A conversation with Rich Kylberg, Vice President, Global Marketing and Communications, Arrow Electronics. Attend the 6th National Summit on Strategic Communications on May 4-5. Hear Rich describe how he and his team are transforming the Arrow brand — turning 10,000 Arrow employees into content contributors.
UF: What has been the most rewarding part about the rebranding process at Arrow Electronics?
RK: What’s been the most rewarding has been to see and feel the positive impact that this has had on lives of people who are involved in this company. Whether that’s employees who are now feelings like “Wow — I am working for a pretty cool company. I didn’t know that we did this all around the world. I didn’t know what we believed really.” You see employees who have a great sense of empowerment.
Then you see other indicators outside the company that this stuff is working, like the stock price has all but doubled since we started these initiatives. Our bottom line hasn’t doubled and other aspects of our company haven’t doubled, but our stock price has. To the extent that our stock price measures into the markets, we can make impressions of what our future looks like and that has to do with our messaging. I think we can lay some claim to snip with there.
The reward has come from helping people to have that third element (meaning). I’m not really helping anybody to get food, clothing and shelter. That just comes from their paycheck. That paycheck can come from Arrow, or it can come from Starbucks, or it can come from anywhere. To a certain extent, we can have some impact on making the job fun. When you’ve got hundreds of offices, it’s hard to control that and make it fun everywhere. The one thing we can do is give people a sense that their work matters, and that there’s some meaning behind what they do. And not so much them necessarily independently, but as part of a collective whole.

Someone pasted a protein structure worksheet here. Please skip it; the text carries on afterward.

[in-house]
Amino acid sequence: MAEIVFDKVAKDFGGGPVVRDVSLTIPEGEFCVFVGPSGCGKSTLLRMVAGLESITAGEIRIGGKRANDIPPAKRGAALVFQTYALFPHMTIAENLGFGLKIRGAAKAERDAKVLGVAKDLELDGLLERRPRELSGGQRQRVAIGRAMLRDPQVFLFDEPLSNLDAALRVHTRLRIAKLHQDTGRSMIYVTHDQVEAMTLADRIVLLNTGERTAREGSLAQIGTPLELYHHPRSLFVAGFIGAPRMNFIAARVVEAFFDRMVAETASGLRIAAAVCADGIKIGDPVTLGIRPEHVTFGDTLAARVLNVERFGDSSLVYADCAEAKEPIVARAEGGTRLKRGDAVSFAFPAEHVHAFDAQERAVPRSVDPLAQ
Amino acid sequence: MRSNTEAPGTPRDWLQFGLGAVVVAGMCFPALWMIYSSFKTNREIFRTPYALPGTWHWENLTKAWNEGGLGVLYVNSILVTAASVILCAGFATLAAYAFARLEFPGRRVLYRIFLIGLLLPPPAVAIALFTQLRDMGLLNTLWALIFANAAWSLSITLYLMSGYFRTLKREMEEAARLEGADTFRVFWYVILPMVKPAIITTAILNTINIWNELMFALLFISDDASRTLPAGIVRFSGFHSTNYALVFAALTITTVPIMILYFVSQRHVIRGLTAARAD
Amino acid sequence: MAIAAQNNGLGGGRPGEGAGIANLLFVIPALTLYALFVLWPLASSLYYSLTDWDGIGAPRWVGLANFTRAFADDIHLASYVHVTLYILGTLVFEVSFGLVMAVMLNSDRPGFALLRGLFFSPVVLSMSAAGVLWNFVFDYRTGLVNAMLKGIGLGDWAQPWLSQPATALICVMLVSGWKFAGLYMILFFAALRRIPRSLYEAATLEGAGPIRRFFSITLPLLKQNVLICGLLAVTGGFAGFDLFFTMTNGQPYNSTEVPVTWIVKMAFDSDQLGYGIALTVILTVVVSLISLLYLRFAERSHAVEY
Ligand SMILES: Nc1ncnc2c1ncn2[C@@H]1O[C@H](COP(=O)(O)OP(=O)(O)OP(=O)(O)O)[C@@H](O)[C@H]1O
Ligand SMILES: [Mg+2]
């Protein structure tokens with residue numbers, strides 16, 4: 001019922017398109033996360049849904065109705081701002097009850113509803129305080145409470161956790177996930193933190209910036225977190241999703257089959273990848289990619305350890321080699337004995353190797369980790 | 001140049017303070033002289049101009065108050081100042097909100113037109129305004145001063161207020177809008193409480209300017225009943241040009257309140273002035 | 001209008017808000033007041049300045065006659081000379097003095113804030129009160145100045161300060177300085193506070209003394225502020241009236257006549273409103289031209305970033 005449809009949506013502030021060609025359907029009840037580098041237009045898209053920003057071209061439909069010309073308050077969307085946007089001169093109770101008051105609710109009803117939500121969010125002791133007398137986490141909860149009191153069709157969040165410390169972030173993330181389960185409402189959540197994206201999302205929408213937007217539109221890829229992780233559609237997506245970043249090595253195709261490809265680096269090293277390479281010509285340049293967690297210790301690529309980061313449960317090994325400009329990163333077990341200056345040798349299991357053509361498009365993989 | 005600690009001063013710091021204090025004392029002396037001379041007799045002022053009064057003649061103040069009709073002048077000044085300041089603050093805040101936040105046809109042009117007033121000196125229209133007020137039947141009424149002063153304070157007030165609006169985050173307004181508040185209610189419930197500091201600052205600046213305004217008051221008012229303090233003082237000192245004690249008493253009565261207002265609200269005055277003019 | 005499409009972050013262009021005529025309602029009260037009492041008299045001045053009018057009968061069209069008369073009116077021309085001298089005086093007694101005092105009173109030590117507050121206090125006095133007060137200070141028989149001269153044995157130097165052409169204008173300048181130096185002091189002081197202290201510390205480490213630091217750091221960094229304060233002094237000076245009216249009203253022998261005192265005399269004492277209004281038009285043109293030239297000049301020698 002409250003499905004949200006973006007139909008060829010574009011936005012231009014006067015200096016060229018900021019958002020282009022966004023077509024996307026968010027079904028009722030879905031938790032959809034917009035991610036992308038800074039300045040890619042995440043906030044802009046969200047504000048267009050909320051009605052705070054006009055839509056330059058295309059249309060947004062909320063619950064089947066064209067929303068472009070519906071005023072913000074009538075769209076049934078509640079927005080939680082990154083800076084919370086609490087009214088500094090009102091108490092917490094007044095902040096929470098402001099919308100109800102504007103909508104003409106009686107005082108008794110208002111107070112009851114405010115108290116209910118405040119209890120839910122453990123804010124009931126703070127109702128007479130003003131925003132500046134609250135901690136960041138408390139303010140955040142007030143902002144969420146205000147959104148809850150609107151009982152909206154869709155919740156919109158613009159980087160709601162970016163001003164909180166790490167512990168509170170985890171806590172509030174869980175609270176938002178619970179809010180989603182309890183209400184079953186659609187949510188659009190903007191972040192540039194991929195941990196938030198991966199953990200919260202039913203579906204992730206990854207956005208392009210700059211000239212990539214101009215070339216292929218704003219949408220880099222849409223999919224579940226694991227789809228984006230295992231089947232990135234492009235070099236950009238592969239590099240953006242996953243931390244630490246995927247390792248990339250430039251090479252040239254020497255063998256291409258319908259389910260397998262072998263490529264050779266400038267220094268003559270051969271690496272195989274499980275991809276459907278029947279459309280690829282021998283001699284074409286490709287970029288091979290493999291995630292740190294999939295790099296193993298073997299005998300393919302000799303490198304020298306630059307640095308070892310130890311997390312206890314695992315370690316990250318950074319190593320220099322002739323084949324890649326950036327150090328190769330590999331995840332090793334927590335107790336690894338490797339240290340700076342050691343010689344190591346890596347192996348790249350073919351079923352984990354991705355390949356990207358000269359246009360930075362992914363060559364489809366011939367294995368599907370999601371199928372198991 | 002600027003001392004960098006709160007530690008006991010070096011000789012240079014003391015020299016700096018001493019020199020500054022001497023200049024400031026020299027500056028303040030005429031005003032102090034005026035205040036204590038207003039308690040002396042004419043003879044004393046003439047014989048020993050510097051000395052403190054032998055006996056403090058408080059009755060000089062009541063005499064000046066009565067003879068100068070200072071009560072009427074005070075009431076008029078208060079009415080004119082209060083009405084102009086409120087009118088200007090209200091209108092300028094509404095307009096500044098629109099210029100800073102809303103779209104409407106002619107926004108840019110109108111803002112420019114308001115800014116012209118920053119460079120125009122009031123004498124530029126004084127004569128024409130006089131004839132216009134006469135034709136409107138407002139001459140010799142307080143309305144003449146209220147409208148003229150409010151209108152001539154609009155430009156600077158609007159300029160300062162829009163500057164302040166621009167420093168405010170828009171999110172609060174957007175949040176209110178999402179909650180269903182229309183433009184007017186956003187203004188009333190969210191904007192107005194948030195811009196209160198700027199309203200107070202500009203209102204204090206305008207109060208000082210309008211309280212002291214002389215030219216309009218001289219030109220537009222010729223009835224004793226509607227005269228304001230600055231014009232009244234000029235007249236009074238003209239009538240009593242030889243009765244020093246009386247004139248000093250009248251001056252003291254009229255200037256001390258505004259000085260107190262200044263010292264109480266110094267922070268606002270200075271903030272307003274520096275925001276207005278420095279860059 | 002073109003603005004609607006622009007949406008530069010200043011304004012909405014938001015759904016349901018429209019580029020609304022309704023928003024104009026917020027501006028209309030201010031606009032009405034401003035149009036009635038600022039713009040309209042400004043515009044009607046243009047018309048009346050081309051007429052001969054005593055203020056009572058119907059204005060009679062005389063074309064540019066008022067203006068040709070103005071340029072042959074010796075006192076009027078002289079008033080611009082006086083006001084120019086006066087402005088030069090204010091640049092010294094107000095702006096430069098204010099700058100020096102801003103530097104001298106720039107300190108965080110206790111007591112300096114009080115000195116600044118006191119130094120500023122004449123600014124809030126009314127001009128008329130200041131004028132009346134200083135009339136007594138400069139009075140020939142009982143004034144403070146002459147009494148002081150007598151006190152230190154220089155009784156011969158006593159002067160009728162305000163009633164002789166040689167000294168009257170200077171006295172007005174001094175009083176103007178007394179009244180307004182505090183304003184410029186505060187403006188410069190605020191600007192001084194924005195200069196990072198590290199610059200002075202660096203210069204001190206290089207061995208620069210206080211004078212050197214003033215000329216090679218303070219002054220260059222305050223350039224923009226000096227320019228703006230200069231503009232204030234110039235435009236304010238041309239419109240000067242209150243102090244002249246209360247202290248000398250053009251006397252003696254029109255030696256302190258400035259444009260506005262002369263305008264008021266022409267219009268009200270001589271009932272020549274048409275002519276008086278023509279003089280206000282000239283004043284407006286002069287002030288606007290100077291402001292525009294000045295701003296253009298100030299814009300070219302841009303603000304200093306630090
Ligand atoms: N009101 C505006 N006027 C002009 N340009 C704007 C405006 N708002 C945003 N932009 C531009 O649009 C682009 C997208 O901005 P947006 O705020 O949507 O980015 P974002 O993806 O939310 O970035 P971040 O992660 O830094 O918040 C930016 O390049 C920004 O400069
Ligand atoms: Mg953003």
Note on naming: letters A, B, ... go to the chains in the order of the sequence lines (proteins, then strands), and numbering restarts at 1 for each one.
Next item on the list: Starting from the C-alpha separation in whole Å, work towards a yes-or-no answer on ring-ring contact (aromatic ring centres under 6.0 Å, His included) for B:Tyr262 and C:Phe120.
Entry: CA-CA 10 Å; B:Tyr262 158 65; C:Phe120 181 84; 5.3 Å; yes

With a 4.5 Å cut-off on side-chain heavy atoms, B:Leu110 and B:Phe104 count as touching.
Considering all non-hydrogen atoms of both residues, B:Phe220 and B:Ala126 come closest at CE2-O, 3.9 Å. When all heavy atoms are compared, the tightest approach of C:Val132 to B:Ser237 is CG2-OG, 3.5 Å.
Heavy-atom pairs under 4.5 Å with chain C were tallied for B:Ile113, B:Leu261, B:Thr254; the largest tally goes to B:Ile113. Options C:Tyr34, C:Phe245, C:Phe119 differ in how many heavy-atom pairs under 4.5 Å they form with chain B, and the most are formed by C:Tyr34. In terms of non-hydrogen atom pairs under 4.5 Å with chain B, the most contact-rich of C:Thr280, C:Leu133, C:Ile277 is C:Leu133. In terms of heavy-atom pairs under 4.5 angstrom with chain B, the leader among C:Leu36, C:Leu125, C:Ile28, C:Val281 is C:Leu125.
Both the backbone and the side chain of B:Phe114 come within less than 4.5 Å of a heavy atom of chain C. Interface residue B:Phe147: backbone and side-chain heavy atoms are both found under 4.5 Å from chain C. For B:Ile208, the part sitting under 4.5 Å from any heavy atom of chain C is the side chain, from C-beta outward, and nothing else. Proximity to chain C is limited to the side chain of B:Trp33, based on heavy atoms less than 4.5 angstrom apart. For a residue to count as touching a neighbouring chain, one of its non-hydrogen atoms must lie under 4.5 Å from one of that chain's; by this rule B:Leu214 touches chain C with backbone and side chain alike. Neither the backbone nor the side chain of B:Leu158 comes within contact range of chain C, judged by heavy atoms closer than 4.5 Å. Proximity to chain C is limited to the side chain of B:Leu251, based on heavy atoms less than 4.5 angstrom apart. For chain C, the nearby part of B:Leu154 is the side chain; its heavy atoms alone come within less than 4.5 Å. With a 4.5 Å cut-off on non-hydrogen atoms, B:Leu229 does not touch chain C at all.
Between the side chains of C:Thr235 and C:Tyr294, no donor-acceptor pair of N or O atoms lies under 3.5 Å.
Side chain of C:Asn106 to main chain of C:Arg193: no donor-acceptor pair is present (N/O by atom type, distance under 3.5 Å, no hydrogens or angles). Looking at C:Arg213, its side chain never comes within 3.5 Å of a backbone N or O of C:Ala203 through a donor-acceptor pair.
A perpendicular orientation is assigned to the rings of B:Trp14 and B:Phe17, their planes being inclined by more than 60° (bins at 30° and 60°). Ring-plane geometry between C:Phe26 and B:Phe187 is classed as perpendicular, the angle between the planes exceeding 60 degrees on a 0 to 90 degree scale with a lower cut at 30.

I think that, internationally, we have given Arrow employees some meaning to their work through this messaging. And that’s what’s been most rewarding.
UF: What challenges have you faced during this process?
RK: What’s been most challenging has been the inherent obstacles that have been in the way all along this process. Any time you are trying to transform a corporation, or trying to transform something, that word transform is fairly synonymous with change. And change is fairly synonymous with doing things differently.
Anytime you are going do things differently, a lot of people are going to say, “Why on earth are we going do things differently when we are doing them really quite well today — Thank you very much.” The term “different” doesn’t mean…”different better” all the time. It could mean “different worse.” Because we are so darn good at what we do, I think there’s a better chance of your “different” being “different worse” than your “different” actually being “different better.”
The fundamental baseline that we’ve had to operate under for the last four years is this notion that we’ve got to change things. We’ve got do things differently, and we’re going have to do this in an environment that’s designed to stop that kind of thing from happening.
I tend to believe that those challenges are what actually make the job of the communicator and the marketer so exciting. I don’t necessarily think it’s that exciting to figure out how to market the next potato chip by just following the standard guidelines and creating a funnier potato chip ad.
I really try to break through and change people’s lives and the way that people look at the world. Welcome to the world of formidable challenges, but also welcome to the world of the potential for great reward.
The worst thing that ever happens to communicators is when the messenger becomes bigger than the message. Maybe they ought to “shoot the messenger.” That’s kind of who I am. That’s kind of who we are in that room. We are the messengers.